Another win. Another trouncing. Another National League team sent scrambling to the gates of Fenway, clutching what’s left of their pride and their teeth, imprint of Ortiz’ massive cleat firmly ensconced on their backside. A-Gon is chipping in with a coupla hits each night. Alex Cora — Alex freakin’ Cora — is tearing it up like the Incredible Hulk. And last night’s Jon Lester performance helps keep our eyes off the revolving door in the background which brings us the likes of Kyle Snyder and Jason Johnson.
Put simply: It’s officially summer and the Red Sox are in first place. That’s like the hot chick who works the counter at Starbucks asking if you’d like to meet her after work. Or sliding on the jeans you’d left crumpled in the corner of your closet and finding twenty bucks in the back pocket. Or realizing that, hey, there is another beer behind the OJ in the back of the fridge.
These are happy times, and what I thought might become the summer of our discontent is now looking like euphoraplooza. A perpetually smiling Remy. Cheers throughout the Fens. A Delcarmen jersey in every home.
And in times of extreme pleasure, I can begrudge no man. Not Tom Arnold. Not that “the chances of me working are… remote” assclown from the Red Roof Inn ads. And not Pedro Martinez.
Pedro will be back in Fenway next Wednesday, and while I won’t be at Fenway Park to personally greet him (and as he has yet to respond to my personal invitation to join me for a couple turkey sammiches at Panera Bread in Dedham), I will rise from the comfort of my bacalounger, put down my Heineken keg can, and clap my hands with great exuberance when he takes the hill next week.
I hold no grudges. I harbor no ill will. Where others see an egomaniacal fiend who fled to the Mets rather than share the limelight with Schilling, I see the guy who tore through the Cardinals in Game 3 of the 2004 World Series. Who raised his arms in jubilation upon the heroic return to Fenway with the trophy in tow. Who seemed every bit as swept up in the majesty of the “Rolling Rally” as we were.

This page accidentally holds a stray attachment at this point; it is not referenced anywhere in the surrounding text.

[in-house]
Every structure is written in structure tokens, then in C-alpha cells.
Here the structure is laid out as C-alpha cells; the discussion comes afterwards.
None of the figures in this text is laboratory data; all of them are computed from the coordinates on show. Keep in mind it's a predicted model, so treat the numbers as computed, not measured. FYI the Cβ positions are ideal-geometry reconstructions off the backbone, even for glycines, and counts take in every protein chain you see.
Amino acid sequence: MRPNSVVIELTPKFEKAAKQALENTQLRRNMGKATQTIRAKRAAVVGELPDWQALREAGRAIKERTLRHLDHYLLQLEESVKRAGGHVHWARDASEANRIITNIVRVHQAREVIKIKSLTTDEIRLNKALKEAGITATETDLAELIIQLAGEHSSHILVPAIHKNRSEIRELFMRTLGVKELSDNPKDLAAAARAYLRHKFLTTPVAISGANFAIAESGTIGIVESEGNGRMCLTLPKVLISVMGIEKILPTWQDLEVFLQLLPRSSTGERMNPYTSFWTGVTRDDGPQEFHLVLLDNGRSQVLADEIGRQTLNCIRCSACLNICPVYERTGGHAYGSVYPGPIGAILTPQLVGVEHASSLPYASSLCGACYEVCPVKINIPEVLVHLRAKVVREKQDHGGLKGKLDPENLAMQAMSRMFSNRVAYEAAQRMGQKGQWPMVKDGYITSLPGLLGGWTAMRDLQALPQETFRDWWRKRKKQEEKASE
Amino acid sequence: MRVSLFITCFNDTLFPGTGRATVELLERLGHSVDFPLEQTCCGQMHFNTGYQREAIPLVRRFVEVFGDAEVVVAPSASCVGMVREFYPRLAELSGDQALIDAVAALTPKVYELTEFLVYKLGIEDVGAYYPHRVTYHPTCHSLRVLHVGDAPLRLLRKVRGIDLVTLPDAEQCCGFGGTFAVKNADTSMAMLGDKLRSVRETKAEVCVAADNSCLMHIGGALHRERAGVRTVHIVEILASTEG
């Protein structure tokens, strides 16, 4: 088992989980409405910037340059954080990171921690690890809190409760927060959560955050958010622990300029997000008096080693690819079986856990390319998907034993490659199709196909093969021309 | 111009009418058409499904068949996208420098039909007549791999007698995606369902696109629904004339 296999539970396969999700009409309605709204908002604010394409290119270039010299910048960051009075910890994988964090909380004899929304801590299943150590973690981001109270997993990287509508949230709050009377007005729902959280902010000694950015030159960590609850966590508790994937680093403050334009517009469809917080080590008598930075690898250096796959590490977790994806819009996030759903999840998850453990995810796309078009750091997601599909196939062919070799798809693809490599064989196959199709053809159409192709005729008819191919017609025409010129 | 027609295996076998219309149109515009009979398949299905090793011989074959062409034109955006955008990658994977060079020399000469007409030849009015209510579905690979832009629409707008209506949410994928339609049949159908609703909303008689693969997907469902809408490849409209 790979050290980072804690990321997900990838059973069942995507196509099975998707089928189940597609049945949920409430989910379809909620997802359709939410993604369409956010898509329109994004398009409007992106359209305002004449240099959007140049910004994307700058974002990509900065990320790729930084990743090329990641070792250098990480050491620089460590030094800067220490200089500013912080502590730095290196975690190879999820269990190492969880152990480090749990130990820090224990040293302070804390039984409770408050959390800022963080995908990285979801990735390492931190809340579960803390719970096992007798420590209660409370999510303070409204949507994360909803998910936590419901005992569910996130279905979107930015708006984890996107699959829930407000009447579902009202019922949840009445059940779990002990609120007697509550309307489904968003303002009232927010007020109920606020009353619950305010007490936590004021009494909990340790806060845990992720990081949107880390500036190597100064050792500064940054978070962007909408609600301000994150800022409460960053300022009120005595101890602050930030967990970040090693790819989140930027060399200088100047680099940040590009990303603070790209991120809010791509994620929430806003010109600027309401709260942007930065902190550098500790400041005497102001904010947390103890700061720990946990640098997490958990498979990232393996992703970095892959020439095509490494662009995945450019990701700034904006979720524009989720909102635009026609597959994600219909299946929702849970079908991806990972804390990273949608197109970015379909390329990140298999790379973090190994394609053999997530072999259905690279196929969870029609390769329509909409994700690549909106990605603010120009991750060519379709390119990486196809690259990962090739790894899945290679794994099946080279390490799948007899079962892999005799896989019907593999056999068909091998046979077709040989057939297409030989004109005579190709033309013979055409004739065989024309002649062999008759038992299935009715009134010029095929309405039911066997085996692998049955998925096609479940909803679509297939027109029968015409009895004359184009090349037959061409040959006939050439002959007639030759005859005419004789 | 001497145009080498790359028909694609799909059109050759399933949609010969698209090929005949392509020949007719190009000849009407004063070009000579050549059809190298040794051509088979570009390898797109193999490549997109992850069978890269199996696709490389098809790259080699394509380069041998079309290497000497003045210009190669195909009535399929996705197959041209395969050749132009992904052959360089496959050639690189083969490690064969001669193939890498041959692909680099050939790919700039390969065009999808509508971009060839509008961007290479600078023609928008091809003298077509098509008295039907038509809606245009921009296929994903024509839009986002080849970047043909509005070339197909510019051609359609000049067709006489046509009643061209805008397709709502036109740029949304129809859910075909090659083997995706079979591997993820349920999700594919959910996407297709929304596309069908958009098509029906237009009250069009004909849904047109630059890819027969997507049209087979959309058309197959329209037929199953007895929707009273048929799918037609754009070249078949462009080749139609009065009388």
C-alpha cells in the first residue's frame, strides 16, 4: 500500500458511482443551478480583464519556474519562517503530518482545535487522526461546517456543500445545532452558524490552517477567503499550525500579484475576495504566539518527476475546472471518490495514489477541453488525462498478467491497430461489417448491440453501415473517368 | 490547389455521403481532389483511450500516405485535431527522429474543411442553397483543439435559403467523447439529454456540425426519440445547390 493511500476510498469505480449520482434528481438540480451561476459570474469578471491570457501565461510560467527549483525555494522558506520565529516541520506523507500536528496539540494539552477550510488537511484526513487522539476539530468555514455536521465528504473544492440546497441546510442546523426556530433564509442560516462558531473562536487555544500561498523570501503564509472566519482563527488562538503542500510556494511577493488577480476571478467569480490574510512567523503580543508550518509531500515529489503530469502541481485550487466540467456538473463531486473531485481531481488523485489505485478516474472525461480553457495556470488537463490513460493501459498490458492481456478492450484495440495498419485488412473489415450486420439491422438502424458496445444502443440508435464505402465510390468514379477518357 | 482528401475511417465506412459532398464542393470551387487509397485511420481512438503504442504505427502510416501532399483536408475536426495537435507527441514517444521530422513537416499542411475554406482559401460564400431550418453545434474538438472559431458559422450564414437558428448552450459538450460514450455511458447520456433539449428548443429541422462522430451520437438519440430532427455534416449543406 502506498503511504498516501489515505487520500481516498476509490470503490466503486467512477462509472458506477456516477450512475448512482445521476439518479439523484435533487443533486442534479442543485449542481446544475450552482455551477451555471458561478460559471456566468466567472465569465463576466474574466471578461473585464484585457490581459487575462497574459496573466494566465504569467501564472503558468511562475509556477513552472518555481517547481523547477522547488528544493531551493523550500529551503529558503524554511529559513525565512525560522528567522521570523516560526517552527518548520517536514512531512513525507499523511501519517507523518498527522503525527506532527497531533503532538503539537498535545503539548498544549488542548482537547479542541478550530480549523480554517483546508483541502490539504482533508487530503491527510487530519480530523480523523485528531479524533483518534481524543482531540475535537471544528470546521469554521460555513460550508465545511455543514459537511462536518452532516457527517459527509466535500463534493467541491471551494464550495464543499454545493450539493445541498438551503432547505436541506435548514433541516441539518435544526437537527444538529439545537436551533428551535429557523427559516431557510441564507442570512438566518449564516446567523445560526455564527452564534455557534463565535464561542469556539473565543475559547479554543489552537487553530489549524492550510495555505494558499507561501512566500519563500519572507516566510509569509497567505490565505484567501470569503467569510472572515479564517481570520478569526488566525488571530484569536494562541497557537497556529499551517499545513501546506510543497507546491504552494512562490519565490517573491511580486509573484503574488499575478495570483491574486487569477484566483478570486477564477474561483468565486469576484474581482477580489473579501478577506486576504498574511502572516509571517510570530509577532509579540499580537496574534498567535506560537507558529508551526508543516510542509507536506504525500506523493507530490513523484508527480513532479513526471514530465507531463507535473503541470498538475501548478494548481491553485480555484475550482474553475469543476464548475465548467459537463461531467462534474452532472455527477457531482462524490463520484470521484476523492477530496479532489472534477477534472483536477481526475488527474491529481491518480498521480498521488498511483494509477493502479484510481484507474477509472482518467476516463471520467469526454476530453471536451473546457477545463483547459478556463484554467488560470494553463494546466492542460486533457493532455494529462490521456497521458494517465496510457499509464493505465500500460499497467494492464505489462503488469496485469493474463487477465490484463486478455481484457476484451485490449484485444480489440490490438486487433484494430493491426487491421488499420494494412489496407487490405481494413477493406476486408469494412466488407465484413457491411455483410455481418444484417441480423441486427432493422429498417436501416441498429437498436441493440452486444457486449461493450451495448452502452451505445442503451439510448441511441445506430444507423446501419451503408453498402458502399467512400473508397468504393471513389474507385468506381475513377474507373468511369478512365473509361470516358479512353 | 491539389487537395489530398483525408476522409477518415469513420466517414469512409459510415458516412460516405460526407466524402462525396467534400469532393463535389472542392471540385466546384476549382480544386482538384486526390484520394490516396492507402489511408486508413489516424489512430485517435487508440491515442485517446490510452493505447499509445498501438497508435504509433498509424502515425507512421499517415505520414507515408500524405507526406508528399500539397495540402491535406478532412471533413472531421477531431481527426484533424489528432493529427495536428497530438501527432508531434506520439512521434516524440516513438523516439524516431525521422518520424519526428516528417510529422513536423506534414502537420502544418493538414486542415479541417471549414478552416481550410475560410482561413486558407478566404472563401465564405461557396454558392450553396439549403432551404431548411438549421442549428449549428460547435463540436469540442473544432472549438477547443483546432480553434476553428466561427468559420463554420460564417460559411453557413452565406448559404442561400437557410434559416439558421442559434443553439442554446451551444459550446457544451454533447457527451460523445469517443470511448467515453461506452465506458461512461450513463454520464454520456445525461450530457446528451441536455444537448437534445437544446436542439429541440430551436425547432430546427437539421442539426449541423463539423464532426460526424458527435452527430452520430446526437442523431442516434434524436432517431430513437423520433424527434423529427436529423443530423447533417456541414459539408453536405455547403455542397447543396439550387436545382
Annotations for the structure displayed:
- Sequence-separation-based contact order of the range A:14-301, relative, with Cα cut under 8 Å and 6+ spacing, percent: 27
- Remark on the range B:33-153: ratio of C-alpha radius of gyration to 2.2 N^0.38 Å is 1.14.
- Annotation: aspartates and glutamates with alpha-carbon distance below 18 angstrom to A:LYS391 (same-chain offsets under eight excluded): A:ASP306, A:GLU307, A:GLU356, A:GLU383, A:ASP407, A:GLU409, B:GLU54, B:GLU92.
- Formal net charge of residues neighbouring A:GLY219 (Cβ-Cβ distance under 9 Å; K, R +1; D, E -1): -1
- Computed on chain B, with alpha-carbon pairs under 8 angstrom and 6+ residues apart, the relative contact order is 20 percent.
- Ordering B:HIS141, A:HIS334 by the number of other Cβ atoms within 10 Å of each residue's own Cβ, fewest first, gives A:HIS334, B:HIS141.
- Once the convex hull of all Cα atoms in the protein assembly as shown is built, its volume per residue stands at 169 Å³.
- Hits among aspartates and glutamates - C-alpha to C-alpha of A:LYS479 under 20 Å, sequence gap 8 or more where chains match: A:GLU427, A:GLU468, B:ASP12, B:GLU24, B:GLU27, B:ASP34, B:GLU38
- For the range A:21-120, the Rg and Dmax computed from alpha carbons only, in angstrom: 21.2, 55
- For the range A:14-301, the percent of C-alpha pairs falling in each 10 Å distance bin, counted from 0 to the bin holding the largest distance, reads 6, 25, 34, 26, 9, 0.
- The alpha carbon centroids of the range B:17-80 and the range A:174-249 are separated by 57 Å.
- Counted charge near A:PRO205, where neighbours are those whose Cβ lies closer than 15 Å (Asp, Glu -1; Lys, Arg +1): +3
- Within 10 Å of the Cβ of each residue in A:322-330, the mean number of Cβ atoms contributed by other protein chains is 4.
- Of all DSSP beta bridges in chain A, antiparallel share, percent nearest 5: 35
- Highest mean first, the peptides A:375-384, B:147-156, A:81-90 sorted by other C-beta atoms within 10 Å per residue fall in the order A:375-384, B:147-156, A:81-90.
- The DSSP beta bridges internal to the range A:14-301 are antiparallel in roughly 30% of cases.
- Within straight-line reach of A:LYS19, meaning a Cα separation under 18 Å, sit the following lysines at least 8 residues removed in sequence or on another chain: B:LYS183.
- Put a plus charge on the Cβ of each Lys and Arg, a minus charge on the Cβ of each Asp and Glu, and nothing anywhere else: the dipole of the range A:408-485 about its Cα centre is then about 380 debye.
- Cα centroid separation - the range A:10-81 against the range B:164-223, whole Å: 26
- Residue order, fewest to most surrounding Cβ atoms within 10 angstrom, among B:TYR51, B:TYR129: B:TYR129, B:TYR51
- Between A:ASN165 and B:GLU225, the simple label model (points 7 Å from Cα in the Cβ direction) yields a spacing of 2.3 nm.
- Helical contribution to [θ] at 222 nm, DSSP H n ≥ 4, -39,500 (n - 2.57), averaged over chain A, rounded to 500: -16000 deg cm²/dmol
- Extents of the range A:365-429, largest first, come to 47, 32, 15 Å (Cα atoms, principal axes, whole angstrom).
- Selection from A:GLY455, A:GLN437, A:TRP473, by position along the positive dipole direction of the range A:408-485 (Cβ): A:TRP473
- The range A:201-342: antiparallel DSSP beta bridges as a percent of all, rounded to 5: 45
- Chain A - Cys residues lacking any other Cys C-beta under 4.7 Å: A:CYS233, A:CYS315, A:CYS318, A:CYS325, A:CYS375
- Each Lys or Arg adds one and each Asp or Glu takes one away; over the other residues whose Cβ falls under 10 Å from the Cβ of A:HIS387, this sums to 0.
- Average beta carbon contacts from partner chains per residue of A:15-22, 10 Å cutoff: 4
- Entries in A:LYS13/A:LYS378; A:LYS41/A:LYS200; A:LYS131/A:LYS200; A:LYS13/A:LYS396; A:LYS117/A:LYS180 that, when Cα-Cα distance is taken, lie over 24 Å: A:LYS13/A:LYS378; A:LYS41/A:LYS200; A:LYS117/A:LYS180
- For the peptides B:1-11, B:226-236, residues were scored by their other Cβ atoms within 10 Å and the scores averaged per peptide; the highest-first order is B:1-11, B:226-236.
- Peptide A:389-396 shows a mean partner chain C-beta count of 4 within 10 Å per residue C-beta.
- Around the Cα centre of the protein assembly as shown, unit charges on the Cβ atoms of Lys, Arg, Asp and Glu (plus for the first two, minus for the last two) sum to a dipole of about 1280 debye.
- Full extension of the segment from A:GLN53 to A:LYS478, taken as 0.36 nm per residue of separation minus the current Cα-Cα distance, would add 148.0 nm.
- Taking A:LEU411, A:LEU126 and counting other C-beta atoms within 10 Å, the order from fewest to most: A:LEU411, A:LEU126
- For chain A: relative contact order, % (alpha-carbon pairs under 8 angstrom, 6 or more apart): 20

When he pitched, he gave his all. And it was an event. Screw the offense. Yeah, a home run here a sac fly there. All good. But watching Petey throw that heat, seeing him absolutely baffle the pants off professional hitters of all shapes and sizes, was a near religious experience.
When he wasn’t pitching, well… he still kept us entertained. Teasing his teammates. Working the Yoda mask. Getting taped to the dugout post. In a town where “animated players” used to mean Yaz or Ted Williams actually cracking a smile, this meant something. Not to mention that 2003 tussle with Don Zimmer, in which he gave us one of the single most surreal moments in Boston sports history.
As Pedro himself said of his return:
“Well, the way they are in my heart, if they feel the same way that I feel, it should be a mutual respect and passion for each other. I had a lot of fun. My best memories in baseball are in Boston, so I hope they receive me the way I have them in my heart.”
I’ll be the guy standing. Cheering. Who’s with me?